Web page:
This is important for Cygnus since HDFS (big) data can be accessed through the native WebHDFS RESTful API. And it may be protected with the above mentioned mechanism. If that's the case, simply ask for an access token and add it to the configuration through cygnus-twitter.sinks.hdfs-sink.oauth2_token parameter.

In order to get an access token, do the following request to your OAuth2 tokens provider; in FIWARE Lab this is

$ curl -X POST "" -H "Content-Type: application/x-www-form-urlencoded" -d "grant_type=password&”
{"access_token": "qjHPUcnW6leYAqr3Xw34DWLQlja0Ix", "token_type": "Bearer", "expires_in": 3600, "refresh_token": “V2Wlk7aFCnElKlW9BOmRzGhBtqgR2z"}

As you can see, your FIWARE Lab credentials are required in the payload, in the form of a password-based grant type (this will be the only time you have to give them).


Kerberos authentication

Hadoop Distributed File System (HDFS) can be remotely managed through a REST API called WebHDFS. This API may be used without any kind of security (in this case, it is enough knowing a valid HDFS user name in order to access this user HDFS space), or a Kerberos infrastructure may be used for authenticating the users.

Kerberos is an authentication protocol created by MIT, current version is 5. It is based in symmetric key cryptography and a trusted third party, the Kerberos servers themselves. The protocol is as easy as authenticating to the Authentication Server (AS), which forwards the user to the Key Distribution Center (KDC) with a ticket-granting ticket (TGT) that can be used to retrieve the definitive client-to-server ticket. This ticket can then be used for authentication purposes against a service server (in both directions).

SPNEGO is a mechanism used to negotiate the choice of security technology. Through SPNEGO both client and server may negotiate the usage of Kerberos as authentication technology.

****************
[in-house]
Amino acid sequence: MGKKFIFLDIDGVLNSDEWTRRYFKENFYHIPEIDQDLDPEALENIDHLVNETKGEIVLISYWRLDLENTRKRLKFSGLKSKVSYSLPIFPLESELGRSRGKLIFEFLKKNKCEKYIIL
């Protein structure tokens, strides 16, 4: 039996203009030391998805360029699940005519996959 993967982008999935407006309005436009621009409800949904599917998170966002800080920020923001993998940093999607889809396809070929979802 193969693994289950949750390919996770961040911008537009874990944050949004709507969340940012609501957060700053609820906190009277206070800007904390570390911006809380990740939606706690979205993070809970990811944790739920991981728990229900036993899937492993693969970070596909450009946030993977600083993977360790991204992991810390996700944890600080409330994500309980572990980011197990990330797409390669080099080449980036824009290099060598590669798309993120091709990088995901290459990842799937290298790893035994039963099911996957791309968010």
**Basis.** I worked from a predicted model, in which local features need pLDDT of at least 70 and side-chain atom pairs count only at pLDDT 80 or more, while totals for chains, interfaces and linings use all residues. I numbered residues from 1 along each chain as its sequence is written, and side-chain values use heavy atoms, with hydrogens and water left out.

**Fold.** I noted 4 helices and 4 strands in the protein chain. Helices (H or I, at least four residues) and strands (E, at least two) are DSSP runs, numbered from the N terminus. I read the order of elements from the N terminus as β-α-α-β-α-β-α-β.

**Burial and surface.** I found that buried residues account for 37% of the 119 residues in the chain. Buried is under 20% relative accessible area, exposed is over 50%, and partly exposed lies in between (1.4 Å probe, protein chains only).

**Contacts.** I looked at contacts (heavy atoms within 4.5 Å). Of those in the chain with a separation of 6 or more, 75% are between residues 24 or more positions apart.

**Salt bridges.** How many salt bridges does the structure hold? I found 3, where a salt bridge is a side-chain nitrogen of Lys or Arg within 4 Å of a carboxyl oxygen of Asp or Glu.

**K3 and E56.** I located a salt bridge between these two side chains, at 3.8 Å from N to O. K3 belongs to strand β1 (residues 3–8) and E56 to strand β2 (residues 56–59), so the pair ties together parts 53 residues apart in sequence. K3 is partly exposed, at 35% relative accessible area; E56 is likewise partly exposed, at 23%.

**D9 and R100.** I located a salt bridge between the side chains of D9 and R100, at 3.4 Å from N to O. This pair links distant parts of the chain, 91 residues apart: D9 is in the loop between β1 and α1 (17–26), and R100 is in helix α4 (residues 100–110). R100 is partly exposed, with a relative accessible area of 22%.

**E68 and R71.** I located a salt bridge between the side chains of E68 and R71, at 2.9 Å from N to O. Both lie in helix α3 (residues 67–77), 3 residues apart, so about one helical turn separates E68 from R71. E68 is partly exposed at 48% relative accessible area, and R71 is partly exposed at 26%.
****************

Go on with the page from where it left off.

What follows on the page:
Kerberos authentication in HDFS is easy to achieve from the command line if the Kerberos 5 client is installed and the user already exists as a principal in the Kerberos infrastructure. Then just get a valid ticket and use the --negotiate option in curl:

$ kinit <USER>
Password for <USER>@<REALM>:
$ curl -i --negotiate -u:<USER> "http://<HOST>:<PORT>/webhdfs/v1/<PATH>?op=..."

Nevertheless, Cygnus needs this process to be automated. Let's see how through the configuration.



This file can be built from the distributed conf/cugnus.conf.template. Edit appropriately this part of the NGSIHDFSSink configuration:

# Kerberos-based authentication enabling
cygnus-twitter.sinks.hdfs-sink.krb5_auth = true
# Kerberos username
cygnus-twitter.sinks.hdfs-sink.krb5_auth.krb5_user = krb5_username
# Kerberos password
cygnus-twitter.sinks.hdfs-sink.krb5_auth.krb5_password = xxxxxxxxxxxxx
# Kerberos login file
cygnus-twitter.sinks.hdfs-sink.krb5_auth.krb5_login_file = /usr/cygnus/conf/krb5_login.conf
# Kerberos configuration file
cygnus-twitter.sinks.hdfs-sink.krb5_auth.krb5_conf_file = /usr/cygnus/conf/krb5.conf

I.e. start enabling (or not) the Kerberos authentication. Then, configure a user with an already registered Kerberos principal, and its password. Finally, specify the location of two special Kerberos files.



Contains the following line, which must not be changed (thus, the distributed file is not a template but the definitive one).

cygnus_krb5_login { required doNotPrompt=false debug=true useTicketCache=false;



This file can be built from the distributed conf/krb5.conf.template. Edit it appropriately, basically by replacing EXAMPLE.COM by your Kerberos realm (this is the same than your domain, but uppercase, i.e. the realm for is EXAMPLE.COM) and by configuring your Kerberos Key Distribution Center (KDC) and your Kerberos admin/authentication server (ask your netowork administrator in order to know them).

 default_realm = EXAMPLE.COM
 dns_lookup_realm = false
 dns_lookup_kdc = false
 ticket_lifetime = 24h
 renew_lifetime = 7d
 forwardable = true

  kdc =
  admin_server =

[domain_realms] = EXAMPLE.COM = EXAMPLE.COM